CATAWBA, S.C. — The federal government has filed an injunction against paper company New Indy Catawba, which the Environmental Protection Agency said is behind an overwhelming stench that thousands of people living along the North Carolina-South Carolina state line have complained about.
Monday’s injunction is essentially a follow-up to make sure the company continues to follow requirements set by the agency.
It has been 60 days since the EPA issued a Clear Air Act Emergency Order and the injunction said the company still needs to take steps to reduce air pollution.
Environmental officials have been monitoring levels of hydrogen sulfide in the area. The most recent data from July 9 showed hydrogen sulfide was detected in all five neighborhoods where the monitors have been placed -- including Treetops, where Leon Cherrualt lives.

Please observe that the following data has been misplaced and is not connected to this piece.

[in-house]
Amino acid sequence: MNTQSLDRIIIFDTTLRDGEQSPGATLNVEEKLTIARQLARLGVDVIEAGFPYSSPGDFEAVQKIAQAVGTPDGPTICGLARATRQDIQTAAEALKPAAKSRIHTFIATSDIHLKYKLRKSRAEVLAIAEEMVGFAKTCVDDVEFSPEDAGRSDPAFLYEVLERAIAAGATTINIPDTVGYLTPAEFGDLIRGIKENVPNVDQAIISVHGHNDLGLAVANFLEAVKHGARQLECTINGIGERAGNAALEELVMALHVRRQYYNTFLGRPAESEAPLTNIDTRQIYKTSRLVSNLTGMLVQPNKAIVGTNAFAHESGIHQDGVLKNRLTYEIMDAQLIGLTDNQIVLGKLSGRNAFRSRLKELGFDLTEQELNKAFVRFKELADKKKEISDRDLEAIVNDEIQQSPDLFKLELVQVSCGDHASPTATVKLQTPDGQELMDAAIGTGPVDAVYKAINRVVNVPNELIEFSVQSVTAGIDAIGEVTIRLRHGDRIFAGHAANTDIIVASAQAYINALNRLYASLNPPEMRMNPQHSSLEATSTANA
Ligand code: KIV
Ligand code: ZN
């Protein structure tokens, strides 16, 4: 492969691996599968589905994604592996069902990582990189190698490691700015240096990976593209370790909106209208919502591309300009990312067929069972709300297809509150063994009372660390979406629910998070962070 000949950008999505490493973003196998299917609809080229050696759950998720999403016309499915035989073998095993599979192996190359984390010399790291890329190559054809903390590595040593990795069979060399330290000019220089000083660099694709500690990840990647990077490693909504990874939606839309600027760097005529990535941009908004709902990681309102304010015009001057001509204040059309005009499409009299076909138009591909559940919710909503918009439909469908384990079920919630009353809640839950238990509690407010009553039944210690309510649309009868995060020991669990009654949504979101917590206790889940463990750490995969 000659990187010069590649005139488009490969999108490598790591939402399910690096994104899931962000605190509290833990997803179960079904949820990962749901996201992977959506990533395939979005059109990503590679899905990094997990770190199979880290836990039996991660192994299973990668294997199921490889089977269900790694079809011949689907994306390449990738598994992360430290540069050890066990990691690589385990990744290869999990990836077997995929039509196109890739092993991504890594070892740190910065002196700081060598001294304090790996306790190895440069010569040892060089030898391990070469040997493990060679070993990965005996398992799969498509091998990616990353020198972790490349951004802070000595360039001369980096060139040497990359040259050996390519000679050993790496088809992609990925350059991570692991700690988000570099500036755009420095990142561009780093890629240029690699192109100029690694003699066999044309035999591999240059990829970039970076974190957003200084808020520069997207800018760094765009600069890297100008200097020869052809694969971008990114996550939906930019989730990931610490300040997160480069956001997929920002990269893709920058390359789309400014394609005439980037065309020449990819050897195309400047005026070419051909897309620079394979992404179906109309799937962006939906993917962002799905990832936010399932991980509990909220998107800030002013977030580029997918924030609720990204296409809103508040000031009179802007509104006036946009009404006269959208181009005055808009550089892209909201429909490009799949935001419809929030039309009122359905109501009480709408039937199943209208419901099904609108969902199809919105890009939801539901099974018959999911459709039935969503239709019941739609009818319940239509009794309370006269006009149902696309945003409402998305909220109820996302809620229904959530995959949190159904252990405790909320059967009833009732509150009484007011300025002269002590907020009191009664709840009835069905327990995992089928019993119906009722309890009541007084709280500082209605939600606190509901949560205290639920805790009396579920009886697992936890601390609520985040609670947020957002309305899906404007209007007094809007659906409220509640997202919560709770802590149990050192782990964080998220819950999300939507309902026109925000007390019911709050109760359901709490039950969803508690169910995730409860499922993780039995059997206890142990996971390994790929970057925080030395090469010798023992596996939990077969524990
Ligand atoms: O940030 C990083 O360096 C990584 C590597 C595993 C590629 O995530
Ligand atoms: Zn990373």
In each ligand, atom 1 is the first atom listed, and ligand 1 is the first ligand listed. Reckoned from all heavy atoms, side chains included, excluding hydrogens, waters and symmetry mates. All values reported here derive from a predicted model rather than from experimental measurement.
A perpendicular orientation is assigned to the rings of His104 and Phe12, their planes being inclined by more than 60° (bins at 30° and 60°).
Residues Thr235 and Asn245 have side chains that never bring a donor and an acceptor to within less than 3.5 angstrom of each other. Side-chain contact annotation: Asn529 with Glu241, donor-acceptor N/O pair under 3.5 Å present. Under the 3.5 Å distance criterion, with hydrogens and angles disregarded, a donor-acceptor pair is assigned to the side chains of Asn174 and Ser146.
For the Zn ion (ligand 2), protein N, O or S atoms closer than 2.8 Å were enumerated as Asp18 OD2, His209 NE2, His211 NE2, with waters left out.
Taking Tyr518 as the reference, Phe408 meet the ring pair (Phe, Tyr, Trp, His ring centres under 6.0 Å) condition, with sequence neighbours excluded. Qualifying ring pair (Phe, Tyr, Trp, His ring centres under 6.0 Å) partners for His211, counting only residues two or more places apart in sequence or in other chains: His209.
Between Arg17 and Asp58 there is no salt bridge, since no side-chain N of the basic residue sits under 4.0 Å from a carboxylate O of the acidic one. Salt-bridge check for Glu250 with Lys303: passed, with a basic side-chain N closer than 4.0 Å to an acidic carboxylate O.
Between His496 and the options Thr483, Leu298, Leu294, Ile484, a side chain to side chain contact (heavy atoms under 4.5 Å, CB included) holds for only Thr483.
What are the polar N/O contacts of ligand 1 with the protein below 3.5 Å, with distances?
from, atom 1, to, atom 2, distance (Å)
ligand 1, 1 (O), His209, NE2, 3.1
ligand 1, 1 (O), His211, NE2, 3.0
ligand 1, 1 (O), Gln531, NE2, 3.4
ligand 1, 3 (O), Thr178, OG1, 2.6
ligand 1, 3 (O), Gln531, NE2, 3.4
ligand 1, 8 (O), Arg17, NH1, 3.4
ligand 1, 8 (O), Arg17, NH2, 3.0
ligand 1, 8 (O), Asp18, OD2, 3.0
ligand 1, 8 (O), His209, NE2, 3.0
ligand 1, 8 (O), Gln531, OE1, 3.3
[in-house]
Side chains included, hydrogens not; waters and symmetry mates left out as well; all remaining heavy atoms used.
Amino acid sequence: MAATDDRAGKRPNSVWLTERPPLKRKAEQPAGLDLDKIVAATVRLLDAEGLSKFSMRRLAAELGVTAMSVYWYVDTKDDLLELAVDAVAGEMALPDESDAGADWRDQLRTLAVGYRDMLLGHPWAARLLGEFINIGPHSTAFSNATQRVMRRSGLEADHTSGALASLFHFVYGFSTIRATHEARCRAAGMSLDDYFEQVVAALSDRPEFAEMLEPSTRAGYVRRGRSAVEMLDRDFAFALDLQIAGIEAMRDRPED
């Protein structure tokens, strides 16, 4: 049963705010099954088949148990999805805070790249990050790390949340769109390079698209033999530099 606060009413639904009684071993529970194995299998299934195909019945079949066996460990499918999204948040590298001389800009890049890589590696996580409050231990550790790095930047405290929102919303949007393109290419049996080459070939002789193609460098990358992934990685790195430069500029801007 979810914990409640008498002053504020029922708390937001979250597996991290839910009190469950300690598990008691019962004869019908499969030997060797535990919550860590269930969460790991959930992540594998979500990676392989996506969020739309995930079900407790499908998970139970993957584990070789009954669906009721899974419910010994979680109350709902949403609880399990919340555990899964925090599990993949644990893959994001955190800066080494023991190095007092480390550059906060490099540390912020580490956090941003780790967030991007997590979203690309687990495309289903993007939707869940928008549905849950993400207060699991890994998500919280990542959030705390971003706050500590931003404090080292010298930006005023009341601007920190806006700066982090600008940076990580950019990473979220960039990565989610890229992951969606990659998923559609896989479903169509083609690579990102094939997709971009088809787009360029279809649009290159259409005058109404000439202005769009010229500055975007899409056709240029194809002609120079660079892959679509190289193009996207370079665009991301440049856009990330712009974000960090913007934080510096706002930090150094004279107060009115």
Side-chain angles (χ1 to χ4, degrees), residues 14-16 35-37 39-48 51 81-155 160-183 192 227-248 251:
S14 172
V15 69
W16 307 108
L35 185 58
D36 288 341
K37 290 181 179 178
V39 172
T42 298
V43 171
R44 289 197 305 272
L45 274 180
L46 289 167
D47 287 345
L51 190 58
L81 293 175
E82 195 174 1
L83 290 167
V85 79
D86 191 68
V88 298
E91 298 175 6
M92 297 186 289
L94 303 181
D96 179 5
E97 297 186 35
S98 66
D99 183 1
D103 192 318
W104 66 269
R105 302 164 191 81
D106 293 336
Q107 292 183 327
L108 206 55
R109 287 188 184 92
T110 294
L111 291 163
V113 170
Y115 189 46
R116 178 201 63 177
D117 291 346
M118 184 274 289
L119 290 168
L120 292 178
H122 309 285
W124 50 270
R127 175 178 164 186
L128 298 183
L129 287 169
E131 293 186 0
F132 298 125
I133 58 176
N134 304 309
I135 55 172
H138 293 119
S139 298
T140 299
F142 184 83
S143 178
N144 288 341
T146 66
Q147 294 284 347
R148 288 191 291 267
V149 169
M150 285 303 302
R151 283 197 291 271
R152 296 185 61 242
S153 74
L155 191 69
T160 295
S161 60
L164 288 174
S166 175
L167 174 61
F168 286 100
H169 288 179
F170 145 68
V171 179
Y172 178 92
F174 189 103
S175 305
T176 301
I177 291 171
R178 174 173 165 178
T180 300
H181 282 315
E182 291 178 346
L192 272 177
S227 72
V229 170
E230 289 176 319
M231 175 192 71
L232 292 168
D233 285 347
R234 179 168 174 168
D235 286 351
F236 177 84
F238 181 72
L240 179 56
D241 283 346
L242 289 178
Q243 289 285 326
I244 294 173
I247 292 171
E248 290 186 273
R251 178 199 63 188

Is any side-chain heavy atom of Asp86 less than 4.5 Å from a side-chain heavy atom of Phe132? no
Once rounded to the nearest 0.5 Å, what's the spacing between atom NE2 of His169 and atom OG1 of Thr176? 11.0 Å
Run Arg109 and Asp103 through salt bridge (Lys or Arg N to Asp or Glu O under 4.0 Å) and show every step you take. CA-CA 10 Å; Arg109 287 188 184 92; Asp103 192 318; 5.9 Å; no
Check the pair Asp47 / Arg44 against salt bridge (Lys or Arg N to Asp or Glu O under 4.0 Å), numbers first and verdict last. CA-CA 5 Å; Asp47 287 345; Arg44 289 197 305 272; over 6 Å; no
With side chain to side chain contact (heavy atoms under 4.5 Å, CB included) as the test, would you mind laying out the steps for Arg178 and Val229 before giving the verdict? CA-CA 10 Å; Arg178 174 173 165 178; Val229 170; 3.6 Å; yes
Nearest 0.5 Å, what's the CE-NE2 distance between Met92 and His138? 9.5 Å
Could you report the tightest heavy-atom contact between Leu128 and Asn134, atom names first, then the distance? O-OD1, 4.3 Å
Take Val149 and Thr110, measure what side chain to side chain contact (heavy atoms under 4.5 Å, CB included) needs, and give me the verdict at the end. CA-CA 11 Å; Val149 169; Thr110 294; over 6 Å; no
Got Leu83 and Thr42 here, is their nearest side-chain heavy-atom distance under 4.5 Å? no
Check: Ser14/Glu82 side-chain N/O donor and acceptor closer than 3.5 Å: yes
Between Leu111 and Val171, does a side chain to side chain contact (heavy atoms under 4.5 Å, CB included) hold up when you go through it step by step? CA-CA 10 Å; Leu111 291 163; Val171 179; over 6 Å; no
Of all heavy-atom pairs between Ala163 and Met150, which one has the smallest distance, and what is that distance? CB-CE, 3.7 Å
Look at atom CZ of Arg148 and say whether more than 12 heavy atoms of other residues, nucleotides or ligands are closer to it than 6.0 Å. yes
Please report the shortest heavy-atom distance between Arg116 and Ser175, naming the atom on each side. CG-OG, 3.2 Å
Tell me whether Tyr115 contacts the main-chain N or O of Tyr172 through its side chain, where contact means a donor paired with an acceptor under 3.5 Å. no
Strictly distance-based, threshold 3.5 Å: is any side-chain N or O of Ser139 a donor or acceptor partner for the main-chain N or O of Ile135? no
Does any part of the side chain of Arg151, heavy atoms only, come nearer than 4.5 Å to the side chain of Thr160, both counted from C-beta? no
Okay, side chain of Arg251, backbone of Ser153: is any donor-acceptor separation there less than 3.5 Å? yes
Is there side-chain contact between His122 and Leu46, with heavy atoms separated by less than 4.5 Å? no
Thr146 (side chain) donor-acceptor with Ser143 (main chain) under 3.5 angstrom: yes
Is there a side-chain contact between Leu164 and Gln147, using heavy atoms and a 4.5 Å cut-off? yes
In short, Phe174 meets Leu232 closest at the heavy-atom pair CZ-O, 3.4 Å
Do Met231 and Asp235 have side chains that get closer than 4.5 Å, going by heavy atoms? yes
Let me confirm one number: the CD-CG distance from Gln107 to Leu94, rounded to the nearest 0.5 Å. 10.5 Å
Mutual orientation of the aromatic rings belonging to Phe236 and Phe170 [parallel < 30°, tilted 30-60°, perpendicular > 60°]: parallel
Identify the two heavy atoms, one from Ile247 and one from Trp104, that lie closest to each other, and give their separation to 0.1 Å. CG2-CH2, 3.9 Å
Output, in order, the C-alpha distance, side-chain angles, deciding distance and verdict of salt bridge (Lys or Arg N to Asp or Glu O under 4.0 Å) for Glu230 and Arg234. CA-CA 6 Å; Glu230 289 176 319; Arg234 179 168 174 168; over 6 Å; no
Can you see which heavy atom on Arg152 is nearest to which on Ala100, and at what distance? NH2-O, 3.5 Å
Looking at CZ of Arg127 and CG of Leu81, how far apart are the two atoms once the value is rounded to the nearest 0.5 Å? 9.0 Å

“I know that when I walk out of my house, it’s there” Cherrualt told Channel 9. “I think they should get rid of the smell.”
Not only is the stench obnoxious, but the EPA said elevated concentrations of hydrogen sulfide can cause health effects like headaches, nausea and difficulty breathing.
New Indy’s environmental consultants are also monitoring air pollution levels onsite. The company is also incorporating recommendations made by the Department of Health and Environmental Control, like using an activated carbon filtration unit to help reduce emissions.
A new report posted Tuesday said the filter’s effectiveness is encouraging and longer term solutions are still being investigated.
(WATCH BELOW: EPA orders industrial plant to reduce emissions causing foul odor near state line)
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